Troubleshooting DHCP Clients

The most common DHCP client problem is a failure to obtain an IP address or other configuration parameters from the DHCP server during startup. When a client fails to obtain configuration, answer the following questions in order to quickly identify the source of the problem.

DHCP client does not have an IP address configured or has an IP address configured as

The client was not able to contact a DHCP server and obtain an IP address lease, either because of a network hardware failure or because the DHCP server is unavailable.

Verify that the client computer has a valid, functioning network connection. First, check that related client hardware devices (cables and network adapters) are working properly at the client.

DHCP client has an auto-configured IP address that is incorrect for its current network.

The Windows 2000 or Windows 98 DHCP client could not find a DHCP server and has used the Automatic Private IP Addressing (APIPA) feature to configure its IP address. In some larger networks, disabling this feature might be desirable for network administration.

First, use the ping command to test connectivity from the client to the server. Next, verify or manually attempt to renew the client lease. Depending on your network requirements, it might be necessary to disable APIPA at the client.

Next, if the client hardware appears to be functioning properly, check that the DHCP server is available on the network by pinging it from another computer on the same network as the affected DHCP client.

Also, try releasing or renewing the client's address lease, and check the TCP/IP configuration settings on automatic addressing.

The DHCP client is missing configuration details.

The client might be missing DHCP options in its leased configuration, either because the DHCP server is not configured to distribute them or the client does not support the options distributed by the server.

For Microsoft DHCP clients, verify that the most commonly used and supported options have been configured at either the server, scope, client, or class level of option assignment. Check the DHCP option settings.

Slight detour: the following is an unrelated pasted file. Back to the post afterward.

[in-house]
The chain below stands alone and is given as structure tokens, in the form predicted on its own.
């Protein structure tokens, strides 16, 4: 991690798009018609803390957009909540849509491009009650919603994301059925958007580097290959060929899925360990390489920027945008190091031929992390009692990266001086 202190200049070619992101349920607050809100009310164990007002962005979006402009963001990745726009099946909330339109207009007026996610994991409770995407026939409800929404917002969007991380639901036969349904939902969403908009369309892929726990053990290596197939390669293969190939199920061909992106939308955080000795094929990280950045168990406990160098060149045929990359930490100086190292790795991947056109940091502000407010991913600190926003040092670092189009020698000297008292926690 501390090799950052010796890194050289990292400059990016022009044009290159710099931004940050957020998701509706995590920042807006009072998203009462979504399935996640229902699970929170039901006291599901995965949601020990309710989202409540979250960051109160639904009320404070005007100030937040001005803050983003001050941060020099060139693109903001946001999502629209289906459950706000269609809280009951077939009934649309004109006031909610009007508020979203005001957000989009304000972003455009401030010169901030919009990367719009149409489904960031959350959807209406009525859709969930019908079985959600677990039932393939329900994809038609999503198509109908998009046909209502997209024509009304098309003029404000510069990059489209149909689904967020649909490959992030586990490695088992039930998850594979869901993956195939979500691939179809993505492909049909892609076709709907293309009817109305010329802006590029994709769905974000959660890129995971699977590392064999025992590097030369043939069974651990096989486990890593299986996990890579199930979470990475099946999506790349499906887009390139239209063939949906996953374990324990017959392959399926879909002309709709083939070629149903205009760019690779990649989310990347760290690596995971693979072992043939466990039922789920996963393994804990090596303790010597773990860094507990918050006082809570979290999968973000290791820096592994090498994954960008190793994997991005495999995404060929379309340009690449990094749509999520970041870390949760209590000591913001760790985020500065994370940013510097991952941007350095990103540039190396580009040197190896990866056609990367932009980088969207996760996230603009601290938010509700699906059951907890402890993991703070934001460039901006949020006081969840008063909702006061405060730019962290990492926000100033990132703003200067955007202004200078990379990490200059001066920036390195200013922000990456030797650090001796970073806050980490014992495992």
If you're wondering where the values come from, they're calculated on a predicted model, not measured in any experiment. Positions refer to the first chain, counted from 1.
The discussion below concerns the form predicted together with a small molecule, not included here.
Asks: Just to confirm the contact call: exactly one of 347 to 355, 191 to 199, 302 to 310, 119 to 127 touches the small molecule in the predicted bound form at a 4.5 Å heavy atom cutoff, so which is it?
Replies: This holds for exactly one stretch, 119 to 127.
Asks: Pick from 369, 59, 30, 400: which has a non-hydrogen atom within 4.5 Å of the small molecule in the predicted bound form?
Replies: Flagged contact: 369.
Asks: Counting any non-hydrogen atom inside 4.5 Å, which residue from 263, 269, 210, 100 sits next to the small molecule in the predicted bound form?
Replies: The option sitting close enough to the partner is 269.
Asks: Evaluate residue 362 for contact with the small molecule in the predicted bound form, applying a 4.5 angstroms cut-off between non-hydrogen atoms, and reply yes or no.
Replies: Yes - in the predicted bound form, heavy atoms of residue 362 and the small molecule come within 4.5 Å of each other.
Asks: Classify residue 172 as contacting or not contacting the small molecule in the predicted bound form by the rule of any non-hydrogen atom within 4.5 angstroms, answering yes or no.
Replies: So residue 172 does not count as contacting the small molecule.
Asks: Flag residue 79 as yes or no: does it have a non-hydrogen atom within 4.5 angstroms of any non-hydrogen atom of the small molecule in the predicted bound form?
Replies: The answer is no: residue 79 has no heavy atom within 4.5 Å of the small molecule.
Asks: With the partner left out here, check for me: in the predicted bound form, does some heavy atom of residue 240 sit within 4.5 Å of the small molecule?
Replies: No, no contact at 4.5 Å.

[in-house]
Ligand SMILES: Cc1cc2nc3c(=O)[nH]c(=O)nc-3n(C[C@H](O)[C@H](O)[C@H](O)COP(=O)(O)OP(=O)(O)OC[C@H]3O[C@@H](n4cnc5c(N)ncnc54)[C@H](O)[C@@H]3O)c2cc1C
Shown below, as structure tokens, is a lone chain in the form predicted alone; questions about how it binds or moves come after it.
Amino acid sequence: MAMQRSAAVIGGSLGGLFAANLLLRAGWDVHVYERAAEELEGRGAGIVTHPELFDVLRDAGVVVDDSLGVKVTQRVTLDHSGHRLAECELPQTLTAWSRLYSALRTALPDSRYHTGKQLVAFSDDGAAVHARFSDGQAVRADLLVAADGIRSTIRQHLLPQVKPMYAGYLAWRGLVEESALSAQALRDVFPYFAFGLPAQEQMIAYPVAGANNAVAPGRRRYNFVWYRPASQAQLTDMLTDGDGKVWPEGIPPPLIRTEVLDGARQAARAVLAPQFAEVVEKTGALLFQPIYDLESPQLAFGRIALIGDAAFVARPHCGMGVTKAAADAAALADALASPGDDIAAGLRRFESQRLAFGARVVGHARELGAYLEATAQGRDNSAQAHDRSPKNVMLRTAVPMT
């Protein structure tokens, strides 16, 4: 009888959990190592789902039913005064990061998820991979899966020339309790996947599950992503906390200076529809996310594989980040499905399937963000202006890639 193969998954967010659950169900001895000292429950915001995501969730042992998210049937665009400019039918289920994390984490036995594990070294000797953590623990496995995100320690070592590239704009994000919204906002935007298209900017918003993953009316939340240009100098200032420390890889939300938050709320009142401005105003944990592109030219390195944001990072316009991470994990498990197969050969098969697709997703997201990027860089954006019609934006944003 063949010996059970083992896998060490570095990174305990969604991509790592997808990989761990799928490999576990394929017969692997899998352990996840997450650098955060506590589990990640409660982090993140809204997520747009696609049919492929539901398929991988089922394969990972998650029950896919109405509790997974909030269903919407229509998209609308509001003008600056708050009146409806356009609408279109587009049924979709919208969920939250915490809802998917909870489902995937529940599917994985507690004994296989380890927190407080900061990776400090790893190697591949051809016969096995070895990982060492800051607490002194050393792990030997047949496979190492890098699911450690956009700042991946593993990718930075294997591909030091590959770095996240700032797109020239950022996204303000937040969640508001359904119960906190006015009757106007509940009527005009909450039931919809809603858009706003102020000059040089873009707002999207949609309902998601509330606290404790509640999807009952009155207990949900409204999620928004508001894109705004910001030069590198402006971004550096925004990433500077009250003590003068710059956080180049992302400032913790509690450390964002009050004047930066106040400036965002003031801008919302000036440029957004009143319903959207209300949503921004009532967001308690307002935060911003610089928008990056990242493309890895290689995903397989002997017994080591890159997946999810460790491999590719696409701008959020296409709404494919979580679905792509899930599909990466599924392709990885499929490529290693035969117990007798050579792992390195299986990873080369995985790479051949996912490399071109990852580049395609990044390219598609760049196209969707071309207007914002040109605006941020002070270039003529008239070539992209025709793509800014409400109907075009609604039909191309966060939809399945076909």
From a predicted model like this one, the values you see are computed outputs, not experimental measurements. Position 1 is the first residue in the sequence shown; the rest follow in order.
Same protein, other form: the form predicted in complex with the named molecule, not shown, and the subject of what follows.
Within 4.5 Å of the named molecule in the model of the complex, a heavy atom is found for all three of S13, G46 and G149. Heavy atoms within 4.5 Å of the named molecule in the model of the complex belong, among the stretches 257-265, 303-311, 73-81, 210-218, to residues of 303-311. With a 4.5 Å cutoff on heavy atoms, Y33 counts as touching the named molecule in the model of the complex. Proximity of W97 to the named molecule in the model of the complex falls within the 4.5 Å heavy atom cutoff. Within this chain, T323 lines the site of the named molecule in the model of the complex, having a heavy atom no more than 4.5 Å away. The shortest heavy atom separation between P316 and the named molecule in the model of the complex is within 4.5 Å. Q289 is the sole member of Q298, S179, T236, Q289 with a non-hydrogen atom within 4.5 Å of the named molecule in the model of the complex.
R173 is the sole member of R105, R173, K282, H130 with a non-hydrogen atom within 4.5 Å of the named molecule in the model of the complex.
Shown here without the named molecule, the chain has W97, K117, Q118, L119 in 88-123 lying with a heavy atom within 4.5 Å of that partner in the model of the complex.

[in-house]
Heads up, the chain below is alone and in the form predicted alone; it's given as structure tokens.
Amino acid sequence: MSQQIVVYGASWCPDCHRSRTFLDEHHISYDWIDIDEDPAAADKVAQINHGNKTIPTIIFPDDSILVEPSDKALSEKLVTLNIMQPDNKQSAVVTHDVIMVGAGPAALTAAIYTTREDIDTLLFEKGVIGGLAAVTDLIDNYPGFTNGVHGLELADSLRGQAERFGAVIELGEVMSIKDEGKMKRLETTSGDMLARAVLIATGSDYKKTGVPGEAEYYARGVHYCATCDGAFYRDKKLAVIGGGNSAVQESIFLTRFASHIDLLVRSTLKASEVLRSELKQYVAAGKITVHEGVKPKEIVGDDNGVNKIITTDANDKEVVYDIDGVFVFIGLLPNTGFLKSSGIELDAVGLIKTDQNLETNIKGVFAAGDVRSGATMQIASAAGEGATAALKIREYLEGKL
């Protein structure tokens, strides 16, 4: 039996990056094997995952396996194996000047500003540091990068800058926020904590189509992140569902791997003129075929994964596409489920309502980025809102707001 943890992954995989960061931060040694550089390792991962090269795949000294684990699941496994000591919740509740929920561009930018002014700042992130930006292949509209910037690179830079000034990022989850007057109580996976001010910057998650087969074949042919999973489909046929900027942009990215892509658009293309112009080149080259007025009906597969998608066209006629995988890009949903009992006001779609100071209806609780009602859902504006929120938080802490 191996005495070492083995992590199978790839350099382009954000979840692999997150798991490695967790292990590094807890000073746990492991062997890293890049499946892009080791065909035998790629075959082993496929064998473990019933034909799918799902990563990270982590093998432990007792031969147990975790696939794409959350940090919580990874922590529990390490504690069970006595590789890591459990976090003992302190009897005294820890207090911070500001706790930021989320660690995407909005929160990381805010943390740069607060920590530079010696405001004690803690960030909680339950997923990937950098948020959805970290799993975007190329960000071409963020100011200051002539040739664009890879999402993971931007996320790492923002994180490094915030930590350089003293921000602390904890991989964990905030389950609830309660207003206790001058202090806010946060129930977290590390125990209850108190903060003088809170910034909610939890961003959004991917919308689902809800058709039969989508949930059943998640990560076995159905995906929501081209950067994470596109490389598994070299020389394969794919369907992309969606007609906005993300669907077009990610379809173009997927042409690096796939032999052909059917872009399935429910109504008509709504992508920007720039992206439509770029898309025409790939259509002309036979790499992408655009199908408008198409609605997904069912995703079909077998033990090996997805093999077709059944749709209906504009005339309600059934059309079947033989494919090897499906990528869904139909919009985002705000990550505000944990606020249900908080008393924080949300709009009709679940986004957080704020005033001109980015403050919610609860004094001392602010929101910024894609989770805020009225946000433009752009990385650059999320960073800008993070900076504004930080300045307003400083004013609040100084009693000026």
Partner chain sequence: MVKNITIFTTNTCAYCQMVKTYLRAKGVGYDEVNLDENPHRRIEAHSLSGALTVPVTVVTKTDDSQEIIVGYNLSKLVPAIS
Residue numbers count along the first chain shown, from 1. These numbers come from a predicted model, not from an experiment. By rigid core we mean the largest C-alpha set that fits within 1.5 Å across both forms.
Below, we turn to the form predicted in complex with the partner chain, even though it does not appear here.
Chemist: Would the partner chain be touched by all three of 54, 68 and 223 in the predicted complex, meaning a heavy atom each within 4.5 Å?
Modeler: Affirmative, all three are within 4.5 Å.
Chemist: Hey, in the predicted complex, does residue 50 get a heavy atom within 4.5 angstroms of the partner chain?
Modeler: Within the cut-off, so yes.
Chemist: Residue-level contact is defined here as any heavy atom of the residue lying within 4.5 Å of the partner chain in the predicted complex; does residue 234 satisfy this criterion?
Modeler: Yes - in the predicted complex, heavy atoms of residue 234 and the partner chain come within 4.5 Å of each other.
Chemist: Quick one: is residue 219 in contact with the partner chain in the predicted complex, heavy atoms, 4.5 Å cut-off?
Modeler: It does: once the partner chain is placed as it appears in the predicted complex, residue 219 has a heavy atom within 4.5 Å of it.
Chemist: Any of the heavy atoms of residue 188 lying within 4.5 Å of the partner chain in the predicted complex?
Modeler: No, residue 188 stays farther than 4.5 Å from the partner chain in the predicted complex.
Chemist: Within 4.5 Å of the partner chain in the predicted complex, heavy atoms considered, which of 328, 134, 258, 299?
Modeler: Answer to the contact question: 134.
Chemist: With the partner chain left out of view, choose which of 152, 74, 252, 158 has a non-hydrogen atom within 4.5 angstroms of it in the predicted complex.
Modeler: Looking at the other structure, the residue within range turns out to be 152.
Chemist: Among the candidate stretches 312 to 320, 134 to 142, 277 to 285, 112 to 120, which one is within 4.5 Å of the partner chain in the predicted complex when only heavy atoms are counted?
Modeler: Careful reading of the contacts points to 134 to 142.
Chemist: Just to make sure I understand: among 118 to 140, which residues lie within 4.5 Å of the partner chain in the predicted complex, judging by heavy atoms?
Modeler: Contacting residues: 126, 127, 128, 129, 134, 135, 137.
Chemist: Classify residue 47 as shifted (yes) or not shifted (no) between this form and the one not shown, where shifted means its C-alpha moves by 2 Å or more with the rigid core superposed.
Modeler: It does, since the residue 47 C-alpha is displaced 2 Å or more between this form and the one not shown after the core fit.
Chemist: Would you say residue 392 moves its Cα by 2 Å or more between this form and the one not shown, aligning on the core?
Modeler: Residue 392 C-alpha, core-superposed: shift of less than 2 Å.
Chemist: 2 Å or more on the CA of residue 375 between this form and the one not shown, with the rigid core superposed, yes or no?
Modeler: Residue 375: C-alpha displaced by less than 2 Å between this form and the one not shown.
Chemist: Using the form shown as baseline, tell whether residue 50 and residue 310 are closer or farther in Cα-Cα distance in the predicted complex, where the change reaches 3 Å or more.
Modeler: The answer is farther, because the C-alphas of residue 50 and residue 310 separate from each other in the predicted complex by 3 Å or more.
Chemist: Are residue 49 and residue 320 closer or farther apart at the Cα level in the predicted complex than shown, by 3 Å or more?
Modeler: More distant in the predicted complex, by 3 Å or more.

The client has the full and correct set of DHCP options assigned, but its network configuration does not appear to be working correctly. If the DHCP server is configured with an incorrect DHCP router option (option code 3) for the client's default gateway address, clients running Windows NT or Windows 2000 do not use the incorrect address. However, DHCP clients running Windows 95 use the incorrect address.

Change the IP address list for the router (default gateway) option at the applicable DHCP scope and server, and set the correct value in the Scope Options tab of the Scope Properties dialog box. In rare instances, you might have to configure the DHCP client to use a specialized list of routers different from other scope clients. In such cases, you can add a reservation and configure the router option list specifically for the reserved client.

DHCP clients are unable to get IP addresses from the server.

This problem can be caused the following:

  • The IP address of the DHCP server was changed and now DHCP clients cannot get IP addresses.
    A DHCP server can only service requests for a scope that has a network ID that is the same as the network ID of its IP address. Make sure that the DHCP server IP address falls in the same network range as the scope it is servicing. For example, a server with an IP address in the network cannot assign addresses from scope unless superscopes are used.

  • The DHCP clients are located across a router from the subnet where the DHCP server resides and are unable to receive an address from the server.
    A DHCP server can provide IP addresses to client computers on remote multiple subnets only if the router that separates them can act as a DHCP relay agent. Completing the following steps might correct this problem:

    1. Configure a BOOTP/DHCP relay agent on the client subnet (that is, the same physical network segment). The relay agent can be located on the router itself or on a Windows 2000 Server computer running the DHCP Relay service component.

    2. At the DHCP server, configure a scope to match the network address on the other side of the router where the affected clients are located.

    3. In the scope, make sure that the subnet mask is correct for the remote subnet.

    4. Use a default gateway on the network connection of the DHCP server in such a way that it is not using the same IP address as the router that supports the remote subnet where the clients are located.

    5. Do not include this scope (that is, the one for the remote subnet) in superscopes configured for use on the same local subnet or segment where the DHCP server resides.

    6. Make sure there is only one logical route between the DHCP server and the remote subnet clients.

  • Multiple DHCP servers exist on the same local area network (LAN).
    Make sure that you do not configure multiple DHCP servers on the same LAN with overlapping scopes. You might want to rule out the possibility that one of the DHCP servers in question is a Small Business Server (SBS) computer. By design, the DHCP service, when running under SBS, automatically stops when it detects another DHCP server on the LAN.